P.S. 26 The Carteret School
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Teachers are learners too
PS 26 is probably the closest thing New York City has to a little red schoolhouse. Most staff members know nearly every child by name, and classes are small. "It feels like it's in a time warp," said Parent Coordinator Diane Heinz, whose family has sent six generations to the school. While the surrounding Travis neighborhood has gradually absorbed new housing and the community's cherished 4th of July Flag Day celebration has become more multicultural, the rate of such change is still slow. So it's surprising to find a more cutting-edge education here than in many schools closer to the urban hub. "It's a top-notch education with a personal touch," said Principal Laura Kump.
PS 26 is growing again after several years of declining numbers; even enrollment in upper grades is climbing as parents pull children out of other schools. Parents like new features, like more teaching assistants for kids with special needs, a new after-school option and an early morning drop-off (some staff work extra hours for free to make the early drop-off option happen).
Parents also like Kump, who became principal in 2011 after working as a teacher and literacy coach at PS 58, also on Staten Island. Since then, PS 26 has become one of the city's most improved schools in English language arts test scores. Kump has a knack for helping ordinary teachers aim higher and, in some cases, break down their own resistance to learning.
She has, for example, adopted the ambitious Math in Focus program, even though it was a challenge to re-train her all-female staff, some of whom are admittedly math-phobic. ("We weren't brought up on this type of math," she said.) After taking stock of math tests, for example, the instructional coach deduced that teachers might be avoiding tricky word problems, so she created a workshop in that area.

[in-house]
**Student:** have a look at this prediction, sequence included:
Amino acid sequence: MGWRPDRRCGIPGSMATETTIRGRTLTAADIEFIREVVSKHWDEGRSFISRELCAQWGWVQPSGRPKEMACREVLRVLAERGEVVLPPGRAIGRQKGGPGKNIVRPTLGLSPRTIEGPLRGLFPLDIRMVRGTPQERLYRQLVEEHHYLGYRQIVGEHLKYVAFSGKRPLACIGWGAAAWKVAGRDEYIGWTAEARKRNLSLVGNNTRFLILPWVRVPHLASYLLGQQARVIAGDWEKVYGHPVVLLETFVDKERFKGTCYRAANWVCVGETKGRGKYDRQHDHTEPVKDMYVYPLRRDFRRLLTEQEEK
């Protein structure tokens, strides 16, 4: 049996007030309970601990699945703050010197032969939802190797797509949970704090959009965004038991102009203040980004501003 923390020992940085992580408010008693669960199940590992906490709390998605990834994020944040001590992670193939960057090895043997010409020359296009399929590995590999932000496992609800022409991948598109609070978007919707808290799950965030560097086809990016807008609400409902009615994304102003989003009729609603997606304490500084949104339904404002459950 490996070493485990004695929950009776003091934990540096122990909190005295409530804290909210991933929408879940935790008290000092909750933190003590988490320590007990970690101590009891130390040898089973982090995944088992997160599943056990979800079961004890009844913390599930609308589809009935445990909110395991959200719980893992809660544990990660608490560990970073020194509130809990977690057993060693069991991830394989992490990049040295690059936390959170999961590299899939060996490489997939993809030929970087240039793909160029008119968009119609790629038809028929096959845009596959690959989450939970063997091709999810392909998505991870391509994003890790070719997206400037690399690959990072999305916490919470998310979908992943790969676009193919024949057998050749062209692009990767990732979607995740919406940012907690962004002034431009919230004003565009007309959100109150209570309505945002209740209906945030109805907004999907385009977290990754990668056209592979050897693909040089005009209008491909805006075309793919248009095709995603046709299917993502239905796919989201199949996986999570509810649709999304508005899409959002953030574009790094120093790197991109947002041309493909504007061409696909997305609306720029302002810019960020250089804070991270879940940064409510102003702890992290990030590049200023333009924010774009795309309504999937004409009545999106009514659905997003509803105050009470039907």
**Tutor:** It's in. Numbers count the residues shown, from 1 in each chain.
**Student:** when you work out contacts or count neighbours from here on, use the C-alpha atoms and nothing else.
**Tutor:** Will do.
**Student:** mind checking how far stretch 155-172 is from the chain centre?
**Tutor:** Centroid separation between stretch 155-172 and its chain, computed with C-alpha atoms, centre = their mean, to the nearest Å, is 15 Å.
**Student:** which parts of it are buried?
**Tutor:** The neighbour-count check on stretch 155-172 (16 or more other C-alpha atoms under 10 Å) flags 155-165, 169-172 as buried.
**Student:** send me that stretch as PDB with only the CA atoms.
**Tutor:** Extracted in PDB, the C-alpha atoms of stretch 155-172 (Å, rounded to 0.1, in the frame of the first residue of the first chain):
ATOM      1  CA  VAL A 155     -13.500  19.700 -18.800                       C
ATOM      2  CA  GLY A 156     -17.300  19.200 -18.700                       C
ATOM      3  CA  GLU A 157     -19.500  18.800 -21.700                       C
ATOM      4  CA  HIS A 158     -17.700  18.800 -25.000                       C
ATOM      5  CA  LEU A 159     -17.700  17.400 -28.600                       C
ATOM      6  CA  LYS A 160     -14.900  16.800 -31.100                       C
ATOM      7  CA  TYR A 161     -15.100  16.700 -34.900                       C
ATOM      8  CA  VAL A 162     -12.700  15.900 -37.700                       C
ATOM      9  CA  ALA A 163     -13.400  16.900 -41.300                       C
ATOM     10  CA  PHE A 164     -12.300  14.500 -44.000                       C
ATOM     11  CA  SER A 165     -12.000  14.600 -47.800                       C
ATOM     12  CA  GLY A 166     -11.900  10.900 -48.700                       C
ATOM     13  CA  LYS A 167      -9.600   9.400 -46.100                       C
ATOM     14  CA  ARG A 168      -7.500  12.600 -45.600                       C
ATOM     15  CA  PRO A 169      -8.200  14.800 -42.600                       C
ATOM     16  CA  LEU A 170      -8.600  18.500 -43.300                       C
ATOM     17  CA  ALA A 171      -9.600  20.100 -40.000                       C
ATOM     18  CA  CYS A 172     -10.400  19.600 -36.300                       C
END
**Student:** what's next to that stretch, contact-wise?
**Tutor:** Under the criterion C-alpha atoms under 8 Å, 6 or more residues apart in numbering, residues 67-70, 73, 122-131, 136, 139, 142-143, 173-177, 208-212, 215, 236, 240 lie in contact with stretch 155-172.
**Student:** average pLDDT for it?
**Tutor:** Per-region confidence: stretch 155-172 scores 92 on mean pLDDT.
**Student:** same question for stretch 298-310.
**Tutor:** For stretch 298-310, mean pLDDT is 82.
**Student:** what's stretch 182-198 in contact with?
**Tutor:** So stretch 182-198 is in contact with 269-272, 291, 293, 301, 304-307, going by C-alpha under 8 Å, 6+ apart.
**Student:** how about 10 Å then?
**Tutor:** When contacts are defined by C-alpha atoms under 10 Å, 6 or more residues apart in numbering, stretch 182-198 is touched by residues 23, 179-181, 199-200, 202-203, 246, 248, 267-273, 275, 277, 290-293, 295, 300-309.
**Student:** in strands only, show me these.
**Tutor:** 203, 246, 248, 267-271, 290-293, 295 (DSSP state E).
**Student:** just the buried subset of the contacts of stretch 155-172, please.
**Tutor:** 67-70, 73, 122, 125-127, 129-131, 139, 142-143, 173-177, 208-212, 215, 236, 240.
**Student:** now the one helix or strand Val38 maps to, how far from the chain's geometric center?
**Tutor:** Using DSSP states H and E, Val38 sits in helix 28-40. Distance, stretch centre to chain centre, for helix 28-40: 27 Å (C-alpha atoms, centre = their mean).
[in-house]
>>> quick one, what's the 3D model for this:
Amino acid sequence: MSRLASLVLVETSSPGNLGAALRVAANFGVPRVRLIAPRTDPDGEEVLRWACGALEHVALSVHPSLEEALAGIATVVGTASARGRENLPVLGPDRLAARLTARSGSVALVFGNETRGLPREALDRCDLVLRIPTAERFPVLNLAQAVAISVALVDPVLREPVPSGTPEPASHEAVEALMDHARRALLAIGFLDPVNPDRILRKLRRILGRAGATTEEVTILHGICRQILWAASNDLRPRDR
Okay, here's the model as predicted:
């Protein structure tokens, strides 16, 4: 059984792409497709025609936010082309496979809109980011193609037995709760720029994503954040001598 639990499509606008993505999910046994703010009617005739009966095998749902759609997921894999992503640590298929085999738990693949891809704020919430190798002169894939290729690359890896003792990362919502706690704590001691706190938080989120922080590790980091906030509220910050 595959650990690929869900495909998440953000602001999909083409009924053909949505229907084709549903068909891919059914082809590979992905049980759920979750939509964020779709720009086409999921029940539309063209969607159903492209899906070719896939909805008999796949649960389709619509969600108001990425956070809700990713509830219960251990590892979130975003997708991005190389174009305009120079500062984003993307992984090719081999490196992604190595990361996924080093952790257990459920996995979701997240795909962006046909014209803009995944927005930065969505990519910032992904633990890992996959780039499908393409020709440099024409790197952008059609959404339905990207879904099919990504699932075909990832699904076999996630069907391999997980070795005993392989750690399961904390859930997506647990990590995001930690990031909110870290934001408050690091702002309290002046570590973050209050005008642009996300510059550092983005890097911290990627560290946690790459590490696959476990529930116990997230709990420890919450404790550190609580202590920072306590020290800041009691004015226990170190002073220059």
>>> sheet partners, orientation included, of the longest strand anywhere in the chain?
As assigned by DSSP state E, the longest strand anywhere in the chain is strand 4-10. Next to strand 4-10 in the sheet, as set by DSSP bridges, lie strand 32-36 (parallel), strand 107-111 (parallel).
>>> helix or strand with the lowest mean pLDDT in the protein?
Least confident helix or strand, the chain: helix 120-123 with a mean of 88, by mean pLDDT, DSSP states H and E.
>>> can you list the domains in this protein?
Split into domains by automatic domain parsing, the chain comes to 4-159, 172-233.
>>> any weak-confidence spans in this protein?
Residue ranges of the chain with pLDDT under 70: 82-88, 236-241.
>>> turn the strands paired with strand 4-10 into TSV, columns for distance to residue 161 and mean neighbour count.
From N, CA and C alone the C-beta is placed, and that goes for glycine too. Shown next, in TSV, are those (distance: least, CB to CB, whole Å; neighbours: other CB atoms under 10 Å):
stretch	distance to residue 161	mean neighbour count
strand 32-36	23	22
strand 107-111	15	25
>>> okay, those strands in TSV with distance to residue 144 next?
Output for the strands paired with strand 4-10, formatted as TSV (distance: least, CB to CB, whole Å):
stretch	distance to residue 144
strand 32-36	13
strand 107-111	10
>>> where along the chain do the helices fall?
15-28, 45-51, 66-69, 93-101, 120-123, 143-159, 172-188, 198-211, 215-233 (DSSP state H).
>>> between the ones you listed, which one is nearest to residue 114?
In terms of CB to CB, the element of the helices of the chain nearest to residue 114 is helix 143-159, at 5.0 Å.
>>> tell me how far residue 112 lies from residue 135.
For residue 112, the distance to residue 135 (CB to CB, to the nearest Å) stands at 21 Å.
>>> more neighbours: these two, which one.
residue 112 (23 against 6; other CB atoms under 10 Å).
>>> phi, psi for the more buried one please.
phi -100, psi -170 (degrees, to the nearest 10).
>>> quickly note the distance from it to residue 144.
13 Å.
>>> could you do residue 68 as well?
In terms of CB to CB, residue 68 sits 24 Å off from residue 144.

To encourage professional growth, staff members launched a schoolwide focus on "growth mindsets," the idea put forth by psychologist Carol Dweck that we can increase our brain's capacity to learn and solve problems. The school is also committed to the Leader in Me program, based on Steven Covey's The 7 Habits of Highly Effective People. Some teachers have been as affected by these habits as the students have, said the administration.
Math in Focus requires a high level of student involvement and self-assessment during lessons. We saw 4th-graders use strips of paper to study angles during a lesson, and 2nd-graders hold small wipe-off boards in their laps so they could break numbers down into subcomponents to solve subtraction problems. Kids clip a clothespin on one of three colors on a notecard to signal to teachers how much help they need on math problems; if the clip is on green, they feel able to work on their own.
"Math is sometimes frustrating," said a 5th-grader, "but you have to work through it to understand it." When children need extra practice on a concept, like fractions, they work on pages printed from a website called EngageNY. "We don't believe one math program is the answer to everything," said Kump. And to keep kids from "hiding" in group settings, teachers use a mix of group and independent work.
Kump has also hired a science teacher to make sure kids study science three or four times a week, which frees classroom teachers to focus on math, reading and other subjects in more depth.
Teachers run parent workshops and post short videos online for parents who can't make it to meetings in person. Teachers also make parents aware that if they engage in casual, negative conversations about math, it may undermine what their children are trying to learn. In the school's highly rated Quality Review a few parents shared how learning new math strategies "has streamlined the support they provide their children at home."
One downside at the school is that there is no full-size gym, and some classrooms are far from the bathrooms. Special activities for students include theater and glee club.
SPECIAL EDUCATION: The school's large special education population is ably served in two self-contained classes that mix ages. Some children leave class for extra help with a teacher. Children with serious special needs receive support from paraprofessionals who work one-on-one with kids. A parent who pulled her son out of a program designed for autistic kids to put him in PS 26, said, "My child is mainstreamed beautifully here. He's in general education with a paraprofessional."
ADMISSIONS: Neighborhood school.(Lydie Raschka, January 2015)Read more